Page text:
• Advances in medical technology and treatment options are now able to sustain the lives of many children who, as recently as 20 years ago, may not have survived. Although the exact numbers of medically fragile children are unknown, the refinement of medical care and the increasing viability of extremely preterm and very low birth weight infants have led to dramatic increases in the number of technology-dependent children.
  • Despite the level of skill and complexity involved in caring for medically fragile children, recent social and political trends have resulted in the delivery of home-based care, in which families are required to become the primary medical caregivers for their children. Families are providing a level of care in their homes that was previously done only in hospital or nursing homes.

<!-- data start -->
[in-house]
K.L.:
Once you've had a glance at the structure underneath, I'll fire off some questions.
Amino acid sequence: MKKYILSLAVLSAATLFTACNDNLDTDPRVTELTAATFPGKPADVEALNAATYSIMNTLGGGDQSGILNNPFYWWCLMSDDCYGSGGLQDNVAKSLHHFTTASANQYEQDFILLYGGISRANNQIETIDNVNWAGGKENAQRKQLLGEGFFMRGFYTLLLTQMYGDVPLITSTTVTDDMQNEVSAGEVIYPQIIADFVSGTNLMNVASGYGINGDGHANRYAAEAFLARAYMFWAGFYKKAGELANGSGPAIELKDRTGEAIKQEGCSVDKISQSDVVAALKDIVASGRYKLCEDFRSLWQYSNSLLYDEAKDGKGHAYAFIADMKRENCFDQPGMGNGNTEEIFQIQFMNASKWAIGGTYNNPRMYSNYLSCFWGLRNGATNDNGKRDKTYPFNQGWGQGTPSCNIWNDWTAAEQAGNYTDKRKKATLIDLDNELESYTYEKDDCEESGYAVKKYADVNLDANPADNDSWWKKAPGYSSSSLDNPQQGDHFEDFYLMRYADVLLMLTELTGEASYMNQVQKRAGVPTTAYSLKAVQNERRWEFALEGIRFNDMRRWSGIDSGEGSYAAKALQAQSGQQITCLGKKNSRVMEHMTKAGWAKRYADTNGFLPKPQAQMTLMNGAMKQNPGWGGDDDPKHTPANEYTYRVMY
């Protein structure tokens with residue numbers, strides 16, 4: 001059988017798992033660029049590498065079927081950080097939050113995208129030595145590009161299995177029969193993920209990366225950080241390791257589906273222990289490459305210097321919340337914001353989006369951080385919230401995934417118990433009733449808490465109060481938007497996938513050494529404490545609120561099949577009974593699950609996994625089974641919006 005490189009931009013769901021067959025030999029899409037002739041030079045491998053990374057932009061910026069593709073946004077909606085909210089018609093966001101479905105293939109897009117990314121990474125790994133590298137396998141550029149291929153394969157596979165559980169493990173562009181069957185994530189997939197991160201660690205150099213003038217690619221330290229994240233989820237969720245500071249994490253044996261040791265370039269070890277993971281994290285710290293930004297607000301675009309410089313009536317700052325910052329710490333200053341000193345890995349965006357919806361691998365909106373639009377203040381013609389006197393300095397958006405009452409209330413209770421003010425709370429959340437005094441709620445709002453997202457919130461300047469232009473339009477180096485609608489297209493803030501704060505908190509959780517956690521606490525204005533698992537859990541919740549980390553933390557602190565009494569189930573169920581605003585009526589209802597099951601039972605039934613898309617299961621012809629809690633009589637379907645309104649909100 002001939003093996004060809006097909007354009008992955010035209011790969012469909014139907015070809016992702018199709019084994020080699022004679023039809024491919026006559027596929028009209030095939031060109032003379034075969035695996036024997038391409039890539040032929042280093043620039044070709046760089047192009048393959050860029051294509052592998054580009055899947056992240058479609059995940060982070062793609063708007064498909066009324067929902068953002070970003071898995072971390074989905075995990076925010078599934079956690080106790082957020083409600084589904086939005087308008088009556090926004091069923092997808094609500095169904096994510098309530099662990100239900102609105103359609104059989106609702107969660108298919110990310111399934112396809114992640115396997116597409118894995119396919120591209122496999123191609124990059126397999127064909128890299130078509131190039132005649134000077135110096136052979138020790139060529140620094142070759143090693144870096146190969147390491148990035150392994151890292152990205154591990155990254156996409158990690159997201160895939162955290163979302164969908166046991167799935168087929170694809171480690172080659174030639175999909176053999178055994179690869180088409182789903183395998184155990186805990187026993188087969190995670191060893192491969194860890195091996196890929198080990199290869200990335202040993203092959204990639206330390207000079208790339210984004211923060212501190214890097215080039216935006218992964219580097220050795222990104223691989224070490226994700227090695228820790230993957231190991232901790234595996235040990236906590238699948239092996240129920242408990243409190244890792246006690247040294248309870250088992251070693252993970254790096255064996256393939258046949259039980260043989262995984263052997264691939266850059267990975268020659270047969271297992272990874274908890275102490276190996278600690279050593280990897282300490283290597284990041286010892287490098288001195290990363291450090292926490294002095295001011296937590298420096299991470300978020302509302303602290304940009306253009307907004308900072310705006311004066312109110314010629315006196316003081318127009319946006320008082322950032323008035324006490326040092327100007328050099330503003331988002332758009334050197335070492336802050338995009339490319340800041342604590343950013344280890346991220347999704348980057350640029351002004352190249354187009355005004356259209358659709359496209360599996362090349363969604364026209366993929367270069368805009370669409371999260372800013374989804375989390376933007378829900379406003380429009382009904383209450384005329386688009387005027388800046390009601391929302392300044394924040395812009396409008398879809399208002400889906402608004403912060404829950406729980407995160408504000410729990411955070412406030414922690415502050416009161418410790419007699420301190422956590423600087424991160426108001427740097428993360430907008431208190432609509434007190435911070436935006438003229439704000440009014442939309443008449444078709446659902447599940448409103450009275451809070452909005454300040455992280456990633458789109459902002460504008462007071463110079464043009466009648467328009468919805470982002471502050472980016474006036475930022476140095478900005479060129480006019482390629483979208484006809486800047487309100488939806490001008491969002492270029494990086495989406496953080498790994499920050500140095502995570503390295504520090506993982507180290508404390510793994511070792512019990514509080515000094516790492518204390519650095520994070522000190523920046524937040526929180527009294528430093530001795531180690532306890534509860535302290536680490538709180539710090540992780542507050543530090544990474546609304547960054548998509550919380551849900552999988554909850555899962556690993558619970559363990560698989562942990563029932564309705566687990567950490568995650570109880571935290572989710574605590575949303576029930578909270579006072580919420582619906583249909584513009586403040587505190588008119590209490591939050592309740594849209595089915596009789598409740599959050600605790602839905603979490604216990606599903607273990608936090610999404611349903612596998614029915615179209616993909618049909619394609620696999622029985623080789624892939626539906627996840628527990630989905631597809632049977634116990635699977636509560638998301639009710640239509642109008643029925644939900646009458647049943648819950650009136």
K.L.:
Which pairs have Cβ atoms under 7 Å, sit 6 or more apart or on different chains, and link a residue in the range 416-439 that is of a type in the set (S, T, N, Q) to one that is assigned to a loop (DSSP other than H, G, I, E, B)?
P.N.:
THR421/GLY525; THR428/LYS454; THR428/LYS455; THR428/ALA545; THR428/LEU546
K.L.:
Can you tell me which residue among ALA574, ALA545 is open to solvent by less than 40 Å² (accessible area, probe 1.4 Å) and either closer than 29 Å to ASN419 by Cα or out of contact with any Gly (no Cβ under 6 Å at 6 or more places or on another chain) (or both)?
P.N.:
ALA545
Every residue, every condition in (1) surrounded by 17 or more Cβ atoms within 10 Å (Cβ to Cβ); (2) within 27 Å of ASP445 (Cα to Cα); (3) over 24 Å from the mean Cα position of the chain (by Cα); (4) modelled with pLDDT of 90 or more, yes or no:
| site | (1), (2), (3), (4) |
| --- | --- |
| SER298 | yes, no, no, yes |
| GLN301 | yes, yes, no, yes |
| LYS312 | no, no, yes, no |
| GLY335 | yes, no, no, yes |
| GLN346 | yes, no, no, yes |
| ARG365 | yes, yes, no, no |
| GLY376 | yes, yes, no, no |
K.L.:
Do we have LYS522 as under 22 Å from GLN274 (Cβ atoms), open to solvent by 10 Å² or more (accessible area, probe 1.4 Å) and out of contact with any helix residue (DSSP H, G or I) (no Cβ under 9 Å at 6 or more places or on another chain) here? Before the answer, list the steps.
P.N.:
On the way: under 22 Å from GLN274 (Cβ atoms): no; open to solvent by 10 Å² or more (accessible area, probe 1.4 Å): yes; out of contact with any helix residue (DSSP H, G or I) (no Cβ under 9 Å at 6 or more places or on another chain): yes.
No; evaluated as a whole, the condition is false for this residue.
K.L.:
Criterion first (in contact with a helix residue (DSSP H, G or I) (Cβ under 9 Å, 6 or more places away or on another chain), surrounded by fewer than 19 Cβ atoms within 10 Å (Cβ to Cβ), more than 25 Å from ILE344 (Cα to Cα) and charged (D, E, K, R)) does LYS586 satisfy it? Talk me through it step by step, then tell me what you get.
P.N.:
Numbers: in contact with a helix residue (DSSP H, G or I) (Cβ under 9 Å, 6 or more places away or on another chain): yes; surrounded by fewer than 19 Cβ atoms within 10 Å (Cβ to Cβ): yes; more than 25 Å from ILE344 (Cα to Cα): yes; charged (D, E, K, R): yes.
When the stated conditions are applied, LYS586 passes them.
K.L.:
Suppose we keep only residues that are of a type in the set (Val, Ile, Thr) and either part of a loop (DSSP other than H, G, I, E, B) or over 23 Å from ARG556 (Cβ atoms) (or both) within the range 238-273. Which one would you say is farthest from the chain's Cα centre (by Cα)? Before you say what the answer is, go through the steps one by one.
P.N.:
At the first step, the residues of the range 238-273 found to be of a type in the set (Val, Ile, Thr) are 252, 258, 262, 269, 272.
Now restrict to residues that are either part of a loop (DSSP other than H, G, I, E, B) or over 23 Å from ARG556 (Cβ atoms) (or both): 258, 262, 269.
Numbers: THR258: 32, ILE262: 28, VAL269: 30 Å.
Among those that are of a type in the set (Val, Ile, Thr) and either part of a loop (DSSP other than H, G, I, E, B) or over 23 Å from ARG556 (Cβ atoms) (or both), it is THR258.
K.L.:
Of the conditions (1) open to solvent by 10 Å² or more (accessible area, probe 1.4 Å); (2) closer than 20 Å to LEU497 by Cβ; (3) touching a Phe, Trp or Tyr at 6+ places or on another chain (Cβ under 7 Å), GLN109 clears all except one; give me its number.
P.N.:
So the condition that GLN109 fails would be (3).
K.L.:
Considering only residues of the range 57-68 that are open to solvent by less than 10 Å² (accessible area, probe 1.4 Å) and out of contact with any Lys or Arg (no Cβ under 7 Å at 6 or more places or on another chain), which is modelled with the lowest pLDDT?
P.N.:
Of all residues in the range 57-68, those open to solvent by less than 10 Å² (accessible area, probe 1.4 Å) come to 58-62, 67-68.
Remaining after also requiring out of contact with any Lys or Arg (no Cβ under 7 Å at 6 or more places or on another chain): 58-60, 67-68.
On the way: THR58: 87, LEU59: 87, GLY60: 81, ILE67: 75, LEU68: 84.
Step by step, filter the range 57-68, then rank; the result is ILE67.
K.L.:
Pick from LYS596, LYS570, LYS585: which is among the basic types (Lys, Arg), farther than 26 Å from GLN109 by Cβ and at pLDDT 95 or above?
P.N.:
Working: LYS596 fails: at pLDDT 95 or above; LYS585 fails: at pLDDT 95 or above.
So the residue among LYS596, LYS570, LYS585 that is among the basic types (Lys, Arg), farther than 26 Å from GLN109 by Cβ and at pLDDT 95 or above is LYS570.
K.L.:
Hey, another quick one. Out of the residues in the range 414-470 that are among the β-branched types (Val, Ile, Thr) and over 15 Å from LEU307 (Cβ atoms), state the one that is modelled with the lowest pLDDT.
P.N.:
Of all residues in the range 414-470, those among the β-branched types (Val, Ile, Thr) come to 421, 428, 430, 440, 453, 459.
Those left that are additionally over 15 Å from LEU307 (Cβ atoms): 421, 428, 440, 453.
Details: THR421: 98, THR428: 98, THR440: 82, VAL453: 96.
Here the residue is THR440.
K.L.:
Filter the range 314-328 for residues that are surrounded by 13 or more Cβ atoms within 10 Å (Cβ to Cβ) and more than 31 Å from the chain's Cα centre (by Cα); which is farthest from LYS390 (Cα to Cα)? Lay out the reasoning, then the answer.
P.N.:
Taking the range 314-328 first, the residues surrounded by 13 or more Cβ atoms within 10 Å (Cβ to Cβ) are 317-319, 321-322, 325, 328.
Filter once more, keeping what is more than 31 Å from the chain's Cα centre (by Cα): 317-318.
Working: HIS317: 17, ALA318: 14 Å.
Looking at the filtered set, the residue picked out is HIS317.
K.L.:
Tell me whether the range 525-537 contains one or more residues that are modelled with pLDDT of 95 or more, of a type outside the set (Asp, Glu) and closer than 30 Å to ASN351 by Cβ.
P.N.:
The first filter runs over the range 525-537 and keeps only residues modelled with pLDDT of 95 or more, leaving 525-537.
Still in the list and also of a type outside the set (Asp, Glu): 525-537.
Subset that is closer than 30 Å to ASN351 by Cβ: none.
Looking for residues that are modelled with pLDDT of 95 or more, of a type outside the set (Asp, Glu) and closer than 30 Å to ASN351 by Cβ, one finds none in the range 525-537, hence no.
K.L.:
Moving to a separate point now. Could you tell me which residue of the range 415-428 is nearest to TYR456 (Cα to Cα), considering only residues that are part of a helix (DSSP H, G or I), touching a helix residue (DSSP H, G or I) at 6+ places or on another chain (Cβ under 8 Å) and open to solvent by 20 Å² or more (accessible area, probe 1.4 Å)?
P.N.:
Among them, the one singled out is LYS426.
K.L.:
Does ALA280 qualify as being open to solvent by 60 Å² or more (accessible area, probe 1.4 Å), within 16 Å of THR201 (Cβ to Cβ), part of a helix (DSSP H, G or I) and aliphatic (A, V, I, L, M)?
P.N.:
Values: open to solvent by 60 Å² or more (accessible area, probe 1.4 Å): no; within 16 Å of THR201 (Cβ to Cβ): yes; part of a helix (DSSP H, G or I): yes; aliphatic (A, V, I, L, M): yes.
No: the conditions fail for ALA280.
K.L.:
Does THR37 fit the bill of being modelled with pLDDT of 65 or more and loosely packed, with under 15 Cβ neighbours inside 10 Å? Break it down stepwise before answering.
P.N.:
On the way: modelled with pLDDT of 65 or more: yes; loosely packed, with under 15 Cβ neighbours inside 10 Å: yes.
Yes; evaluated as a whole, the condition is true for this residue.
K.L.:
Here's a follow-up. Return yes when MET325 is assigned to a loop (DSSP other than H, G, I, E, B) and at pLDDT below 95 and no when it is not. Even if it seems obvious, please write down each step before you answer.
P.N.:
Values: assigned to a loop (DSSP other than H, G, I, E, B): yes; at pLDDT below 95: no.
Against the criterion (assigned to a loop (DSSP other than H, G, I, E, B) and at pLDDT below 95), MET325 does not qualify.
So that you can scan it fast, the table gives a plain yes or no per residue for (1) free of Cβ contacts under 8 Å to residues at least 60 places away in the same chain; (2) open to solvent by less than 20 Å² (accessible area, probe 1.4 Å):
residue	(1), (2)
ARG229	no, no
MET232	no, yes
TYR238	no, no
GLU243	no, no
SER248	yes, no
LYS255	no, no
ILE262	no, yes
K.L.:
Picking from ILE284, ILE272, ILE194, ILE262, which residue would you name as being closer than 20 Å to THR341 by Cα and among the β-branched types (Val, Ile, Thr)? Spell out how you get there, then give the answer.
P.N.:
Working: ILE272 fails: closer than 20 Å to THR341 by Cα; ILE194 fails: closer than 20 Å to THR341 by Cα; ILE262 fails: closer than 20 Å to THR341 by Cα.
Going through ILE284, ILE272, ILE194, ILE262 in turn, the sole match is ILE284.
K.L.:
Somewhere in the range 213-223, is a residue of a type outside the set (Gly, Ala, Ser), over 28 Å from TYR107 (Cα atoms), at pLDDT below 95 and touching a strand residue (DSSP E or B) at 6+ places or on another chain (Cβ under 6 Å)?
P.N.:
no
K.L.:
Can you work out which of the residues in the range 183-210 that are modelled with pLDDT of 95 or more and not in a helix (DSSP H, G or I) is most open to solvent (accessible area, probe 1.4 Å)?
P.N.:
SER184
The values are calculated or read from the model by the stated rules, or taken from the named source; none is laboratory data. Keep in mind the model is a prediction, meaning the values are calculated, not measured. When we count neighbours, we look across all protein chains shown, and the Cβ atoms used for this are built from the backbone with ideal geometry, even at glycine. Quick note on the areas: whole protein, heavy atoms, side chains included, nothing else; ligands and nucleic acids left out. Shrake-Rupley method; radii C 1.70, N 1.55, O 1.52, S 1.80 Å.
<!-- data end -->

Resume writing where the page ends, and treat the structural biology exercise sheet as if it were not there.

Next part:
• It is not uncommon to find high degrees of stress in caregivers of medically fragile children, often resulting in depression, poor physical health, and social isolation. Such consequences not only limit the ability of families to care for their children effectively, but also inhibit further the development of medically fragile children already at high risk for delays.
  • Increased financial strain, extra care taking needs, uncertainty about the future, social isolation, and fatigue are some of the hardships that have been associated with caring for sick children that in turn causes distress for parents and family.
  • The long-term care of a child with complex medical needs places strains on many parents’ marriage and on the other children in the family due to the consuming nature of the child’s care requirements.
  • Recurring stresses associated with caring for a medically fragile child do not become less disruptive over time and the relentless pressure may lead to general decompensation.